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Michael J. Goldstein

Professor of Psychology, Psychiatry and Biobehavioral Sciences, Emeritus

Los Angeles



Michael J. Goldstein, one of the world’s most prominent researchers in psychosocial factors and treatments in the major mental disorders, died of cancer on March 13, 1997. He was born on June 30, 1930, to Harry and Ethel Goldstein of Brooklyn, New York. He received the bachelor of arts degree in speech pathology from the State University of Iowa in 1952 and the doctor of philosophy degree in clinical psychology from the University of Washington in 1957. His dissertation, conducted with Alan Edwards, concerned coping and avoidance behavior in reaction to fear-arousing propaganda. He began at the University of California, Los Angeles (UCLA) in 1957 as an instructor in the Department of Psychology. At the time of his death, he was professor emeritus in the Department of Psychology and the Department of Psychiatry and Biobehavioral Sciences at UCLA.


Goldstein was a strong advocate of clinical psychology as an independent profession with strong links to psychiatry and social work, which was reflected in his systematic research on family interactional behavior as a precursor to the development of schizophrenia. Beginning in the 1960s, Goldstein and his close colleague and mentor Eliot Rodnick formed the UCLA Family Project, a laboratory for the systematic study of the families of disturbed adolescents. Goldstein and his colleagues found that those adolescents who developed schizophrenia and related disorders in adulthood were most often from families that, at baseline, had shown high levels of “communication deviance” (unclear, unintelligible, or fragmented communication) or negative “affective style” (parent-to-offspring communication that is strongly evaluative, critical, or intrusive).


Goldstein’s research contributed substantially to the current understanding of how genetic predisposition, early sings of psychopathology, and family interaction contribute to the onset of schizophrenia. His work was influential for a generation of researchers as well as for those interested in developing prevention programs for at-risk youth.


In the mid-to late-1970s, Goldstein conducted the first randomized, controlled study of family intervention for schizophrenic disorder at Camarillo Sate Hospital in Ventura County, California. He was prescient in designing a brief, crisis-oriented psychoeducational model for treating families in an outpatient community context. He and his colleagues found that family intervention, when given with high or low doses of injectable fluphenazine decanoate, delayed relapses of psychosis among schizophrenic patients over a 6-month period. Family psychoeducation is now considered the preferred method of psychosocial intervention for postepisode schizophrenia patients who are also receiving maintenance pharmacotherapy.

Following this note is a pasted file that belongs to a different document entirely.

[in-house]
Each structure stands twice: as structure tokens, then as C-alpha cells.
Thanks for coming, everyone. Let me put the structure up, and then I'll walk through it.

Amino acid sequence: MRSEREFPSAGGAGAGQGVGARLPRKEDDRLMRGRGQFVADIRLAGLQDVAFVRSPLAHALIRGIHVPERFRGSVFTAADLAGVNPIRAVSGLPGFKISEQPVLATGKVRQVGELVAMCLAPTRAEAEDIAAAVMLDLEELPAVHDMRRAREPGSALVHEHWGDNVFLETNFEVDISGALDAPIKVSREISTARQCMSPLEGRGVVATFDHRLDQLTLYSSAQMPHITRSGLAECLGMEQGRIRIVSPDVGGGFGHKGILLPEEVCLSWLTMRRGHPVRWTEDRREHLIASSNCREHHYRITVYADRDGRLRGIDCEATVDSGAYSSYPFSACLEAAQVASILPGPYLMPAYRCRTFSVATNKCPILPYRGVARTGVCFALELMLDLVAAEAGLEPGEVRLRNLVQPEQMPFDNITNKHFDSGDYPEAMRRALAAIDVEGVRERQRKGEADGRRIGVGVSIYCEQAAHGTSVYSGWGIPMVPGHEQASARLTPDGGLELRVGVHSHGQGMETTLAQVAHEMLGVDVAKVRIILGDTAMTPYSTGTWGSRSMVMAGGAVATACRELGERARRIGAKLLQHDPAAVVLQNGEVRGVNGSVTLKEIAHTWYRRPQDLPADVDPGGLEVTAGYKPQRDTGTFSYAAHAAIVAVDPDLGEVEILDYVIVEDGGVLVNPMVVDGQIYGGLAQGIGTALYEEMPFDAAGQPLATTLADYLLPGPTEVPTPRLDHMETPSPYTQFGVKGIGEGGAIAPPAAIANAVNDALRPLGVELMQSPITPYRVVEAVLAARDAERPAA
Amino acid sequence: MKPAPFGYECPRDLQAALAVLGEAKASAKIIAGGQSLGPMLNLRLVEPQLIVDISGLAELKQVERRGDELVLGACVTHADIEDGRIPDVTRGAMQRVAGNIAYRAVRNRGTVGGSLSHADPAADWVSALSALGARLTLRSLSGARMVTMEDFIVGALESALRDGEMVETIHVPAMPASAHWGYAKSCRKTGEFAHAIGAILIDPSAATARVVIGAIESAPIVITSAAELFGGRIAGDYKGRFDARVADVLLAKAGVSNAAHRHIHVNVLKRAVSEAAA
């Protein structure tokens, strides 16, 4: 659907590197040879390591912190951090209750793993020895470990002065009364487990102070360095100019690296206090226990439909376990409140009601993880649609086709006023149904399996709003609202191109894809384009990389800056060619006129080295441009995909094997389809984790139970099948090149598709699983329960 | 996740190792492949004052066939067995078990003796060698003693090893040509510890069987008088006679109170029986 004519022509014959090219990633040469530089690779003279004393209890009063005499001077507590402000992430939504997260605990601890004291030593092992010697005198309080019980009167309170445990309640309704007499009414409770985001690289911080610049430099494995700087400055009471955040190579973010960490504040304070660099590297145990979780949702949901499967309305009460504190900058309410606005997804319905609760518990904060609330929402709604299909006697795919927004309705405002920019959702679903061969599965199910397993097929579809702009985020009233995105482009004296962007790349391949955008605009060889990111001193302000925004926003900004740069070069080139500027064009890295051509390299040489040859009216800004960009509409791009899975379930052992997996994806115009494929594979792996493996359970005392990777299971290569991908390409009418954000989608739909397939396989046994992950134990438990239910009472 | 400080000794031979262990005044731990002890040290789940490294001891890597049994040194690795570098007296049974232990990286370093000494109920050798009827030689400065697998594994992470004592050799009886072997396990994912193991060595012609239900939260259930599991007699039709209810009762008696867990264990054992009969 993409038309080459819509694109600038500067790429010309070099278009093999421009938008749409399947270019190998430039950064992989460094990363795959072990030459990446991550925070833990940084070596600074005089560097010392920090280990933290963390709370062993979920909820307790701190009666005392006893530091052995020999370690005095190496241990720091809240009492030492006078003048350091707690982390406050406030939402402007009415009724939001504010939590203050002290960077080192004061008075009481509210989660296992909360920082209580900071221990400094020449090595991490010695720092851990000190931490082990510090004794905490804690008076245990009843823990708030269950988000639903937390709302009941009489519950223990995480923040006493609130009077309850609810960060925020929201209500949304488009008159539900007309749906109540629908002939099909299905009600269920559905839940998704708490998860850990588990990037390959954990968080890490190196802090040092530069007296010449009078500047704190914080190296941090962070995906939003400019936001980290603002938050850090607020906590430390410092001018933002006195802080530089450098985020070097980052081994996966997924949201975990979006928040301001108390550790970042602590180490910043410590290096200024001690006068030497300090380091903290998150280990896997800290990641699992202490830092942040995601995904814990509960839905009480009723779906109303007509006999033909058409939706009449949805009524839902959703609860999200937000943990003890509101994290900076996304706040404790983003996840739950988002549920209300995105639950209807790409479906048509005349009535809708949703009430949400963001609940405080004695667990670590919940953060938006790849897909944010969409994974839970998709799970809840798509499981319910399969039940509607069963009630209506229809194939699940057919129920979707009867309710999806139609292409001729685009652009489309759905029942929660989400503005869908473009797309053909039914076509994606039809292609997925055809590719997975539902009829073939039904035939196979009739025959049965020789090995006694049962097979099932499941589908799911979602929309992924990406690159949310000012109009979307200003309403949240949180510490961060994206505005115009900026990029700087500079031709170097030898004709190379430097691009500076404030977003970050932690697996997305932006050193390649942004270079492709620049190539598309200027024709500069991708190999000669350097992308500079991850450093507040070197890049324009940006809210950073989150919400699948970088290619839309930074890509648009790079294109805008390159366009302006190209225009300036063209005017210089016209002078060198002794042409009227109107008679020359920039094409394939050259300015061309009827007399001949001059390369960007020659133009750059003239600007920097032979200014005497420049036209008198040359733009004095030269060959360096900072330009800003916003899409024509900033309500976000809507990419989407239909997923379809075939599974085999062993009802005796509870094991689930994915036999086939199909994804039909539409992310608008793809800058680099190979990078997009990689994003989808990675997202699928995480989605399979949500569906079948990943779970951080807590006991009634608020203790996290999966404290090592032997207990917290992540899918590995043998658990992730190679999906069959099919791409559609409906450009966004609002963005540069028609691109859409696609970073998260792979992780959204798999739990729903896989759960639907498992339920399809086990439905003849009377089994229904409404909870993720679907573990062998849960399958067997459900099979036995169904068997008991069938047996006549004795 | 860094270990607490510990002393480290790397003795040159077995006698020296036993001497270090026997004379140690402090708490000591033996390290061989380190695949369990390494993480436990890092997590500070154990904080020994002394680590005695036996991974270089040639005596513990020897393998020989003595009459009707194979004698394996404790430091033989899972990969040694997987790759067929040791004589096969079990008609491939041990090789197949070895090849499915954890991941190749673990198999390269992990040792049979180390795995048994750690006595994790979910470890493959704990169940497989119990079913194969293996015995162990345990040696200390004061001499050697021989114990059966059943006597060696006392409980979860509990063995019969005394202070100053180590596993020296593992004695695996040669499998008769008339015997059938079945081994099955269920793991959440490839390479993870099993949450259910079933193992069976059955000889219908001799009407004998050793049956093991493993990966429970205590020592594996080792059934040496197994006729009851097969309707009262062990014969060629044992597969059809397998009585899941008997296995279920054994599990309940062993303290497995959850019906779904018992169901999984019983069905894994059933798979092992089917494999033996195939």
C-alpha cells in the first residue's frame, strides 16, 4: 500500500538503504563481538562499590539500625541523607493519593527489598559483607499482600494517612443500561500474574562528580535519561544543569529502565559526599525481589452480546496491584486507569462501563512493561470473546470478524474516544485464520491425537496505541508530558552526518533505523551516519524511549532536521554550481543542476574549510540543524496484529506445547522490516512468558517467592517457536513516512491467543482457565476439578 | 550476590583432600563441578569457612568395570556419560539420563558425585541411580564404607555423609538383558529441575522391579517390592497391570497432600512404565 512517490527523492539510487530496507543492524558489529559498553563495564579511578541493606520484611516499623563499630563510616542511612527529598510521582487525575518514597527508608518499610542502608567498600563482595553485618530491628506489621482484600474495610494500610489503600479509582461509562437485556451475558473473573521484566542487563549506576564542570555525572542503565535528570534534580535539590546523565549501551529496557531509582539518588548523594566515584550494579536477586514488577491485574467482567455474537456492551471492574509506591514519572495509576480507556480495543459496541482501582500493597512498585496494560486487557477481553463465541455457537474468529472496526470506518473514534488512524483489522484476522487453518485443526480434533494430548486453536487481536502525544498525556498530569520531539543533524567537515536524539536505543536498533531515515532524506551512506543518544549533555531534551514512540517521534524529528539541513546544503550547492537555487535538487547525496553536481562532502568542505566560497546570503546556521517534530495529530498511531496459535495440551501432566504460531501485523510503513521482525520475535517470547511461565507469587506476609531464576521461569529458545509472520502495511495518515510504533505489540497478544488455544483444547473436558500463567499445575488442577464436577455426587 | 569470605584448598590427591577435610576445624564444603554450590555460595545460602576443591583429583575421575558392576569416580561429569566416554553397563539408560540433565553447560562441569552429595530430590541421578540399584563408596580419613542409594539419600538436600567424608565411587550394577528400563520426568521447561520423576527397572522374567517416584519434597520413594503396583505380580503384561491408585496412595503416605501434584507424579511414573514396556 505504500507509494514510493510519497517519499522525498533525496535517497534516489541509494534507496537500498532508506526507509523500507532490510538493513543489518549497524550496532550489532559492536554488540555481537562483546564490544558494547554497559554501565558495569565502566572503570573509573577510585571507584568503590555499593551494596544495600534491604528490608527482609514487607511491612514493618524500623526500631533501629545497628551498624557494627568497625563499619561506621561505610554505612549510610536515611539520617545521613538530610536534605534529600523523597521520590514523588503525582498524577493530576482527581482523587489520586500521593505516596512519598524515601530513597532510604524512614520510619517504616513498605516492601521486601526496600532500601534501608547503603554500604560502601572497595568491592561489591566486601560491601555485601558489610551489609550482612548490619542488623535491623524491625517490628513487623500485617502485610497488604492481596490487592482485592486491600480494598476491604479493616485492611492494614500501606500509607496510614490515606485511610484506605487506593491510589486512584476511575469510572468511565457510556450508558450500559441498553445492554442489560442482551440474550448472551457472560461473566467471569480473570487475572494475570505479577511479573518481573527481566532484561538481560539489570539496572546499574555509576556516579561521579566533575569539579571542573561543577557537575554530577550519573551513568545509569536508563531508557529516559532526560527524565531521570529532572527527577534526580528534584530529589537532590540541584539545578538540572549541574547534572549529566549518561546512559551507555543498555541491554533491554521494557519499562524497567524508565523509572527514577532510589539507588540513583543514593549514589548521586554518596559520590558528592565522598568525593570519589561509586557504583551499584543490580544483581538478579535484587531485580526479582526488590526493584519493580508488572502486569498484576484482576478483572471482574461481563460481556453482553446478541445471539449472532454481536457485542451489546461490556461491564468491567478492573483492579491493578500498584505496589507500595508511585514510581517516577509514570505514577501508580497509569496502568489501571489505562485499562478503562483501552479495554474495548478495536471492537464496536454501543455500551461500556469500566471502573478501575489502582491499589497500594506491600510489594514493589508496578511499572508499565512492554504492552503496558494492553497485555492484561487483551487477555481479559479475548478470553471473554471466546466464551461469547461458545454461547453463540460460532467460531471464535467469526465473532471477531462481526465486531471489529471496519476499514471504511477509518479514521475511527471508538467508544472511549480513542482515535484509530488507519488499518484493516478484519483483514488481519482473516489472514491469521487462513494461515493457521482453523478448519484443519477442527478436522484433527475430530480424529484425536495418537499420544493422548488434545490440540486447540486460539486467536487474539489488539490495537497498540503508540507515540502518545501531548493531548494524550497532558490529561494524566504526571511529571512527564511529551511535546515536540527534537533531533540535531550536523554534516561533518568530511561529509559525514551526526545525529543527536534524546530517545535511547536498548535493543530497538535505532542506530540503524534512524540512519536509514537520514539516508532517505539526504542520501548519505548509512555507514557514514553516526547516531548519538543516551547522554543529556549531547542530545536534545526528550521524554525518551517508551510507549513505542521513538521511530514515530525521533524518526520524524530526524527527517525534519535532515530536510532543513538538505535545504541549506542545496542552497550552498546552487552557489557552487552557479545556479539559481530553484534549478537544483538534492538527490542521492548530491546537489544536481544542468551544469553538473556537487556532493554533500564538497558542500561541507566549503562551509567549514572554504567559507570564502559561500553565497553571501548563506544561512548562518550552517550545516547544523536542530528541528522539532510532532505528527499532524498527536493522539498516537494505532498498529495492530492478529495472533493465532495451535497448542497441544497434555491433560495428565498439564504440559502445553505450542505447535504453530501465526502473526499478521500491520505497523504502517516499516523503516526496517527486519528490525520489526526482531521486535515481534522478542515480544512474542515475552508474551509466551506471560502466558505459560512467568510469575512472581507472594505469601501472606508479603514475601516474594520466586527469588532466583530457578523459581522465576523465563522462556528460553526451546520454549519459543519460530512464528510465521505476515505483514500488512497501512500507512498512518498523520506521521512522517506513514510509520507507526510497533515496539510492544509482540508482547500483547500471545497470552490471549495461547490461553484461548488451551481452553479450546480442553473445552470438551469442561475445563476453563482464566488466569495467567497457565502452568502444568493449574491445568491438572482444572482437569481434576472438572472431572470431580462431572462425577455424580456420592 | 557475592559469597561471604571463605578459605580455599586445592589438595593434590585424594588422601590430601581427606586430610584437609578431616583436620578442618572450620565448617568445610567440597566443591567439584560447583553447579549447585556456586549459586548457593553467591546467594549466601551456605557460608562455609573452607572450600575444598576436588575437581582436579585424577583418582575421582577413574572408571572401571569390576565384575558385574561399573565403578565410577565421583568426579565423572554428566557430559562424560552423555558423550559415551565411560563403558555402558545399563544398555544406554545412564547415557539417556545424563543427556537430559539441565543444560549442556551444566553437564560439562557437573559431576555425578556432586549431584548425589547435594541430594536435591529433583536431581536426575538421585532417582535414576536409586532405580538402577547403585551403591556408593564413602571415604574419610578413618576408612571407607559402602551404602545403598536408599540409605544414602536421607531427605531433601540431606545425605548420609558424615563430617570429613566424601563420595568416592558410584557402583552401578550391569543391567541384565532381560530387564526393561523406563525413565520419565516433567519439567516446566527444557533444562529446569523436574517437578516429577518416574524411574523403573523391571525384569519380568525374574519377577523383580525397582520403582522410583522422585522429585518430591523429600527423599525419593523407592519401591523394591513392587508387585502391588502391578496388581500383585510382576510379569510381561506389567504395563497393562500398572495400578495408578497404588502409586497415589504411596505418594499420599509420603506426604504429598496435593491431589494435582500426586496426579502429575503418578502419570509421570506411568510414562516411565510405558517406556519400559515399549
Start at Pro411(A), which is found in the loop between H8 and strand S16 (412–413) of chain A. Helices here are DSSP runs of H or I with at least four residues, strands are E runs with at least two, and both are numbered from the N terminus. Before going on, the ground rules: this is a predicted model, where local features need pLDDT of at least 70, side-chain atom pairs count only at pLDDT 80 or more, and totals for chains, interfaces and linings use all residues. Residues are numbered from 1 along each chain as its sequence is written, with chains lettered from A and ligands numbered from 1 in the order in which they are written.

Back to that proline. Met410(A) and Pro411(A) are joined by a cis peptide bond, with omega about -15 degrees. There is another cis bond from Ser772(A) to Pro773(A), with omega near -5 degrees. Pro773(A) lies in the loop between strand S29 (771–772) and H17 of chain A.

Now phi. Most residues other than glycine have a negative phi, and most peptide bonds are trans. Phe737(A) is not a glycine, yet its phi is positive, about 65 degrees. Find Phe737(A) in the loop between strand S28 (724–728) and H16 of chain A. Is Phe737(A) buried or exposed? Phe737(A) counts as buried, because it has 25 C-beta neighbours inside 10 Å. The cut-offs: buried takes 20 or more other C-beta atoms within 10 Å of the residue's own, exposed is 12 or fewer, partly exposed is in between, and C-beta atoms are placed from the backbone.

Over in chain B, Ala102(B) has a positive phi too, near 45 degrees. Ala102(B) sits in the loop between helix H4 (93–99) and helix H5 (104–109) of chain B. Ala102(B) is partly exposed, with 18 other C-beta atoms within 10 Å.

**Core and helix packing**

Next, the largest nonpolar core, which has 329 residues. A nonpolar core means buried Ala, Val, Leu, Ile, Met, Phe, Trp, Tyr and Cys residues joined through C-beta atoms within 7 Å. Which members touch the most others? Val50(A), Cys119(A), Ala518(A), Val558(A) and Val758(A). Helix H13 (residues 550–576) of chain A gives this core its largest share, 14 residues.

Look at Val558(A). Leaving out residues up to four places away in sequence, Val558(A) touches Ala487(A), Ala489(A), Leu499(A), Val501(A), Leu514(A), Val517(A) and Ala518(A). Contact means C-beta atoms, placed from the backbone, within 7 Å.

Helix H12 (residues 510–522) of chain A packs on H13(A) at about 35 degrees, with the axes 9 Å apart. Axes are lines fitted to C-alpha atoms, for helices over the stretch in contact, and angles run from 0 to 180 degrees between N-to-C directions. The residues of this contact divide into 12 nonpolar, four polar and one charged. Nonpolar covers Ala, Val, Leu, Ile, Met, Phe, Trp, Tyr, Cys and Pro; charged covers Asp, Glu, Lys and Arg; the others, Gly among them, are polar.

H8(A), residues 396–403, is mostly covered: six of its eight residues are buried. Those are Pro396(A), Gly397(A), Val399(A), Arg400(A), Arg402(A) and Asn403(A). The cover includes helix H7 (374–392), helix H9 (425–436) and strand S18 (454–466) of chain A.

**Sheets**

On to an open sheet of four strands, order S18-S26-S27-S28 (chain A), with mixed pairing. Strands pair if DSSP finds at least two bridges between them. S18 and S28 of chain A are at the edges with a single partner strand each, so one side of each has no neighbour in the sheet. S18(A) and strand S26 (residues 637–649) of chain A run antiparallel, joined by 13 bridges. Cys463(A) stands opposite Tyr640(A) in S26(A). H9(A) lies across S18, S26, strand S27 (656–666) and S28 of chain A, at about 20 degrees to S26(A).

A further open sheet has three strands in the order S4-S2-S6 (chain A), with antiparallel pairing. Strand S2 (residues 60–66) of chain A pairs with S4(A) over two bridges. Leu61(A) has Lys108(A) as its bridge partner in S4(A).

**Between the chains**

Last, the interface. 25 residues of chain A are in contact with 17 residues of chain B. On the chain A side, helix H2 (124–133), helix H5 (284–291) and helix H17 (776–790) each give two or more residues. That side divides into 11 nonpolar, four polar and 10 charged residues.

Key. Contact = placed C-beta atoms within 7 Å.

Goldstein’s research in the 1980s was focused on the systematic study of “expressed emotion,” a measure of critical, hostile, or emotionally overinvolved attitudes among the relatives of psychiatric patients. In British studies, this construct had been found to predict the likelihood of relapse of schizophrenic patients. He and his colleagues helped clarify this predictive association through investigating how high- and low-expressed emotion families differed in their styles of face-to-face interaction. He showed that patients were symptomatically affected by these interactions in the short run but, also, that patients contributed to disturbed family processes through their own verbal and nonverbal behavior.


Goldstein published extensively on premorbid social behavior, projective testing, bipolar affective disorder, and clinical pharmacology, but the study of schizophrenia was his passion. He thrived on collaboration, and his investigations with Keith Nuechterlein, Robert Liberman, and others at the UCLA Clinical Research Center resulted in many highly influential research articles on vulnerability-stress interactions in schizophrenia. His research resulted in over 200 journal articles and several books, including a popular textbook, Abnormal Psychology, with B. Baker and K. Jamison.


Goldstein’s many awards included a Fulbright Research Professor Award from the University of Copenhagen (1960-1961), a MERIT Award from the National Institute of Mental Health, a Distinguished Teacher Award from UCLA (1988), the Alexander Gralnick Award from the American Psychological Association (1996), and Distinguished Scientist Awards from the Association for Clinical Psychosocial Research and the American Psychological Association (1997).


Mike had many friends and greatly enjoyed the company of others. He combined his natural charisma with a tremendous personal warmth. Many knew him as an avid traveler, a gracious host, and a man of culture. Up to the time of his death, he remained active in research and teaching. He is survived by Vida Goldstein, his wife of 43 years; their three children, Janet, Peter, and Ellen; four grandchildren; and his sister Joan Goldstein.


David J. Miklowitz

Eliot H. Rodnick